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Direct Proofs

  1. Mar 3, 2015 #1
    I wasn't sure if this went in math, or computer science. I'm posting it here, because it is for a computer science course, although it's technically mathematical proofs...

    1. The problem:
    Prove or disprove the following claim: For all integers x, y, and z, if x does not divide yz then x does not divide y and x does not divide z.

    I wrote this in logic notation first, so I have that down. What I am having difficulty with is the actual prove/disprove part. I understand the steps needed to be taken (1. Assume... etc.), but am having trouble actually applying it. There are other similar questions, but I figured if I could get some help on this question, I could figure out the other ones as well, by applying the same concept...

    Also, how do I know what to choose: prove, or disprove? In what circumstances would I attempt to prove, and in what circumstances would I attempt to disprove?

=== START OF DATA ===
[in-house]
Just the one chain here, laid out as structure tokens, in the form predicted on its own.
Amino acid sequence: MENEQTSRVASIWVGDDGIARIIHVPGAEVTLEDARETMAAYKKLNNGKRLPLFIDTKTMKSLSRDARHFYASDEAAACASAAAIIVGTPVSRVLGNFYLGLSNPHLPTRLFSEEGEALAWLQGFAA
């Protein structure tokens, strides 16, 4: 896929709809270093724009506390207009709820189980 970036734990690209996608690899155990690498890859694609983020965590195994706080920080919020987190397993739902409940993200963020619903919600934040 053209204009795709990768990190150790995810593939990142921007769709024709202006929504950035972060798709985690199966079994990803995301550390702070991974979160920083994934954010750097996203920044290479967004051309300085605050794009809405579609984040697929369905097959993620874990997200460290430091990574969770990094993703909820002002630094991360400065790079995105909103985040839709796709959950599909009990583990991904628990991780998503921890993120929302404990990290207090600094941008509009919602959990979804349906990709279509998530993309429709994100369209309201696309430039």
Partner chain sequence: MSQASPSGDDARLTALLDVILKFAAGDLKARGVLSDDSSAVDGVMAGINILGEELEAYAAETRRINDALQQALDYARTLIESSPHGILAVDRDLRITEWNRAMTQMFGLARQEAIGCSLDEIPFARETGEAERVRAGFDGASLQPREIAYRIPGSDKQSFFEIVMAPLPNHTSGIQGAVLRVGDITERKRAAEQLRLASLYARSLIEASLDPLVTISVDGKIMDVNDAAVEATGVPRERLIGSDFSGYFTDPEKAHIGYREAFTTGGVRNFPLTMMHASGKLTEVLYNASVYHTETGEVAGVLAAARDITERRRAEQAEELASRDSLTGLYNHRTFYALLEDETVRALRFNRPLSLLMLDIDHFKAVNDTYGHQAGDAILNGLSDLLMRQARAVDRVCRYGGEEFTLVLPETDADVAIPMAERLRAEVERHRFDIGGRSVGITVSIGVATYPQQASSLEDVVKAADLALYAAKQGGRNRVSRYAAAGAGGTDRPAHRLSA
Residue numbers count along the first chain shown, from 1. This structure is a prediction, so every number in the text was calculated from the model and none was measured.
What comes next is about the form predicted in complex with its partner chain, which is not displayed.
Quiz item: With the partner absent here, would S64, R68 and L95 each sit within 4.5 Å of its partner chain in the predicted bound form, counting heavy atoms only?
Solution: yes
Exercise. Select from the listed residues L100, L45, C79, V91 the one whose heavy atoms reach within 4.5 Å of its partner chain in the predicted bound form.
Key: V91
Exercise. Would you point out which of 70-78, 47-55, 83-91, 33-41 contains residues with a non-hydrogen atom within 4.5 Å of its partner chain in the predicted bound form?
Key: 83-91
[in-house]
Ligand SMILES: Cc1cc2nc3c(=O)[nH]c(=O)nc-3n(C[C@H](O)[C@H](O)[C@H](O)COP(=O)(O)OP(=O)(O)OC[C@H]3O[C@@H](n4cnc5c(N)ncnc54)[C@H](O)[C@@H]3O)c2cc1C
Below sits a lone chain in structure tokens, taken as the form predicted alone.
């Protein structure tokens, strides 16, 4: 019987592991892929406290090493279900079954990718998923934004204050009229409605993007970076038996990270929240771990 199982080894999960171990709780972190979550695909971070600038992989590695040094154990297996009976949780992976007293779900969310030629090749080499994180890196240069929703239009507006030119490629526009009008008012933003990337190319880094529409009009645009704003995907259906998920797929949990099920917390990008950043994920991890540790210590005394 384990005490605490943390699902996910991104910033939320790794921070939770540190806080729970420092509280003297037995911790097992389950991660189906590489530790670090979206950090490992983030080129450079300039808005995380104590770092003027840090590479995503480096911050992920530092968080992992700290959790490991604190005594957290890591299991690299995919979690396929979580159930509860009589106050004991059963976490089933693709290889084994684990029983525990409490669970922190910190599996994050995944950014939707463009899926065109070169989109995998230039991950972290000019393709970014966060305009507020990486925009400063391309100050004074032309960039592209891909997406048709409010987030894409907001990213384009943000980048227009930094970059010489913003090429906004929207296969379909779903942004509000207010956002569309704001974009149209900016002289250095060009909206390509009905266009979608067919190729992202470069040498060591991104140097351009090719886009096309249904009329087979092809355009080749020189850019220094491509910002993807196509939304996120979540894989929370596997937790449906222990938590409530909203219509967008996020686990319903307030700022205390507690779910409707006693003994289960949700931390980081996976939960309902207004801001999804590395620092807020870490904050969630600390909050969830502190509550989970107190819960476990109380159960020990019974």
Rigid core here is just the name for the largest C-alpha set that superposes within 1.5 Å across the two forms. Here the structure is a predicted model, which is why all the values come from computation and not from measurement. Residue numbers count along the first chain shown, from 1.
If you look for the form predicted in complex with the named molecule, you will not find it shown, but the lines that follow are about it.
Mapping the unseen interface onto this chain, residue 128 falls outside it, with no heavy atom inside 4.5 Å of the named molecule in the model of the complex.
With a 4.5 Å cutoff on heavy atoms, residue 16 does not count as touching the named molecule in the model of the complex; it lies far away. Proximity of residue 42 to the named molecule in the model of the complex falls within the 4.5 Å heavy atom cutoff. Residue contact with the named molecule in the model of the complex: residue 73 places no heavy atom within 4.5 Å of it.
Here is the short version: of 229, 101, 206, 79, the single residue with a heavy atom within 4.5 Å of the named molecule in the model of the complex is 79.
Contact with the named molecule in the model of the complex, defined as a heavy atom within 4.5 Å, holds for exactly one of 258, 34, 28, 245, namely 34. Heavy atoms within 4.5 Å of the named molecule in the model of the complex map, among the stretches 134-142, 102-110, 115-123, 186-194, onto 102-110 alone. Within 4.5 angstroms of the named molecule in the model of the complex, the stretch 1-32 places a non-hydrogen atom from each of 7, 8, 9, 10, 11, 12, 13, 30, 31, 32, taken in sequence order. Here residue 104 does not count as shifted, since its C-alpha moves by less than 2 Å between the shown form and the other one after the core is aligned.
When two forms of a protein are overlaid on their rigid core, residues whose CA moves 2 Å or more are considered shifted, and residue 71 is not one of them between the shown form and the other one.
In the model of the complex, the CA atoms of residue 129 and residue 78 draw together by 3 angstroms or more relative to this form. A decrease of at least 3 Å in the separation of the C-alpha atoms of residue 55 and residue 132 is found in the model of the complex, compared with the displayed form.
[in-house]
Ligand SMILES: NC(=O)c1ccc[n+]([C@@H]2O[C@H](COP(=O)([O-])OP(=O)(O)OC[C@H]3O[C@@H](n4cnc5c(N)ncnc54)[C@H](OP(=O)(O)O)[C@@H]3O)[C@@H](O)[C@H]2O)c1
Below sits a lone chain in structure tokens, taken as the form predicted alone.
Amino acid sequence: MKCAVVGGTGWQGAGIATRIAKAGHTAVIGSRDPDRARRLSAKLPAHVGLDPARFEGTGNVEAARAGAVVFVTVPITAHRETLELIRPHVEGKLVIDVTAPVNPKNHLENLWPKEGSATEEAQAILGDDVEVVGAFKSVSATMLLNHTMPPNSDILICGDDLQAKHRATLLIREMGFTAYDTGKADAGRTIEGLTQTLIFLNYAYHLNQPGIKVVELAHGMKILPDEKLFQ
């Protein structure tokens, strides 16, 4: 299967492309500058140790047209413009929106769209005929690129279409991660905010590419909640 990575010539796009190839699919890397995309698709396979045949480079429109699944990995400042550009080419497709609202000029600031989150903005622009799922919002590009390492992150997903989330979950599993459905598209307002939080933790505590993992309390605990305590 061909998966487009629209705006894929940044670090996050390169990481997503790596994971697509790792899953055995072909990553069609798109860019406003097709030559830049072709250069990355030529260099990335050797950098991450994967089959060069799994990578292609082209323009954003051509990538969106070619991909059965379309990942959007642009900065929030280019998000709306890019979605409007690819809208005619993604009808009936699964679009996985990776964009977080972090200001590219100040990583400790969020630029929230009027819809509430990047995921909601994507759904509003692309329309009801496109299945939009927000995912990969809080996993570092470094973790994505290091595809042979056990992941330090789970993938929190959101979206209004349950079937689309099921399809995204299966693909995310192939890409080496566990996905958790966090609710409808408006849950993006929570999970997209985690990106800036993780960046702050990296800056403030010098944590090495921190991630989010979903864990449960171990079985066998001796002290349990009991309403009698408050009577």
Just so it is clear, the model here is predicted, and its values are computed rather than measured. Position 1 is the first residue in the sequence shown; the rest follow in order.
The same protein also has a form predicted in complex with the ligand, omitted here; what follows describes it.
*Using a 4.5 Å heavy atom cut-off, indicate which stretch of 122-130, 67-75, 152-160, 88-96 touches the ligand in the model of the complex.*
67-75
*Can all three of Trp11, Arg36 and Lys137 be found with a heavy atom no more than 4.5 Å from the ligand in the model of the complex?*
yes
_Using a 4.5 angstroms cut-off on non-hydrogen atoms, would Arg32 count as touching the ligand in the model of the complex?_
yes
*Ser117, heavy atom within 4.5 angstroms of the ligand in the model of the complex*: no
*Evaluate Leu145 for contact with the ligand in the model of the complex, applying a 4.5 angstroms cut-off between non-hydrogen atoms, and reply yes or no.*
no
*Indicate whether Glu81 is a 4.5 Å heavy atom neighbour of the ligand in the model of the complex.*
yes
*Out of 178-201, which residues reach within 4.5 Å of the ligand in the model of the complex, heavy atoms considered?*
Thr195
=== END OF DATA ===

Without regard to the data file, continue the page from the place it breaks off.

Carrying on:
Any help would be greatly appreciated. :)
  2. jcsd
  3. Mar 3, 2015 #2


    Staff: Mentor

    You should attempt to prove a statement only if it is true. If it is false, you should disprove it, which you can do by a single counterexample.
    An equivalent statement to the one you are given is its contrapositive: For all integers x, y, and z, if x divides y OR x divides z, then x divides yz. If you can prove that, then you will have proved the statement you're given.
  4. Mar 3, 2015 #3
    Thank you for your help!

    I have one more question: I know how to use contrapositive for an implication (P => Q becomes not(Q) => not(P)). But, I'm not sure how to do that for a statement that is not an implication.

    For example, how would I apply contraposition to this sort of claim?: All x, y, z belonging to P (prime numbers), x2 + y2 =/= z2 (for all prime numbers x, y, and z, x2 + y2 =/= z2).
  5. Mar 3, 2015 #4


    Staff: Mentor

    I assume you mean x2 and so on. You can write exponents using the X2 button at the top of the input window.

    At any rate, that is an implication; namely,
    if x, y, and z are prime numbers, then x2 + y2 ≠ z2. Now it should be easy to write the contrapositive.
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